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The Full Circle.

Save Our Eagles © 1991 by Gail Garber and friends. Image by Mary Elkins.

Have you ever had one of those experiences that completely changes the direction of your life?  “Save Our Eagles” did just that for me.  Back in 1989, my friends and I offered to make a fund-raising raffle quilt for a local conservation organization.  Other than a love of the outdoors, I was not particularly interested in birds of any kind and had only a passing knowledge of raptors.  But, as we hand-stitched our quilt (like many quilts of that era), I met and fell in love with the group’s first educational raptor, a Red-tailed Hawk, named Red.  It had never occurred to me that being that close to a once wild bird was possible.  More than anything, I wanted to work with her.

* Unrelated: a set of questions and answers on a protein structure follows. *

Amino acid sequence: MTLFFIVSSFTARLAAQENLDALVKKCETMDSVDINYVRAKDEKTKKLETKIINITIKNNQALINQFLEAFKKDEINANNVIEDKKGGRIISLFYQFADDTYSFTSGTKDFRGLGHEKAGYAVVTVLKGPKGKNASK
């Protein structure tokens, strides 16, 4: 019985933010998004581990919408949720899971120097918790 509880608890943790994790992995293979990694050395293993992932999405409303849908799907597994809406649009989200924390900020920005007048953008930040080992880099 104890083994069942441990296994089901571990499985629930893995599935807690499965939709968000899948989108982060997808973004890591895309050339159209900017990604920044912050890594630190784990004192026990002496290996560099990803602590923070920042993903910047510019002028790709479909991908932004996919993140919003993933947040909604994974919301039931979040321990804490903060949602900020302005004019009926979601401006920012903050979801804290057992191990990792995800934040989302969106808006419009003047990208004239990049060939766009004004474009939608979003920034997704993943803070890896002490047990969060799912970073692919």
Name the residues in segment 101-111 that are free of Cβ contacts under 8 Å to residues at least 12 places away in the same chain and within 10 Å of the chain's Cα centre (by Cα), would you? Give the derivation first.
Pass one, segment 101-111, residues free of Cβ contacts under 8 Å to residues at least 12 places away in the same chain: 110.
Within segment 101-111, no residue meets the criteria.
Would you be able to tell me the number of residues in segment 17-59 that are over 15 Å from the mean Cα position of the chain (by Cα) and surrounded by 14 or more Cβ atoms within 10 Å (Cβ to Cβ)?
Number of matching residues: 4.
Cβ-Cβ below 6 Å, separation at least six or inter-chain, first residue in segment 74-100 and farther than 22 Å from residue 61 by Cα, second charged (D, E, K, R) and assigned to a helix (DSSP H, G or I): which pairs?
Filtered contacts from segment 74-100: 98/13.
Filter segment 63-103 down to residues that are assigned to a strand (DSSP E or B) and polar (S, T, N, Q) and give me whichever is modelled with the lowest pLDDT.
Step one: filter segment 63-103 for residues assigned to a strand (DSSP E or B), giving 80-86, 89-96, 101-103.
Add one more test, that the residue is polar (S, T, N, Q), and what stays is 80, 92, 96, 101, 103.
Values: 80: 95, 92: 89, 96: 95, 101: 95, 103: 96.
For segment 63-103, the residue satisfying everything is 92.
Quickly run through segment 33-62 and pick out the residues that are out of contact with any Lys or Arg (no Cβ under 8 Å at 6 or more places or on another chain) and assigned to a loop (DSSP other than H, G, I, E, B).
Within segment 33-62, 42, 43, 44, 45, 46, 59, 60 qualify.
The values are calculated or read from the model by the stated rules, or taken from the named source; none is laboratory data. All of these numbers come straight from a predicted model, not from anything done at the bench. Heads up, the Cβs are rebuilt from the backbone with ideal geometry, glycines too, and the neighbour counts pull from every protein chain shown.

Big Red (1989 – 2006). Image by Jerry Hobart.

So, I became a volunteer and eventually became an employee of the organization.  Big Red came to live in a large flight cage that we built for her behind my house.  Each day that she was part of my life was a blessing.  In 1994, we started Hawks Aloft, the non-profit that I continue to direct to this day.  We have a cadre of about 26 non-releasable educational raptors that we use to spread our conservation message.  The presence of the hawk, owl or falcon never fails to entrance children and adults alike.  I know, from personal experience, that a close up encounter with one of these magnificent creatures can change lives.

Hawks Aloft 2012 Raffle Quilt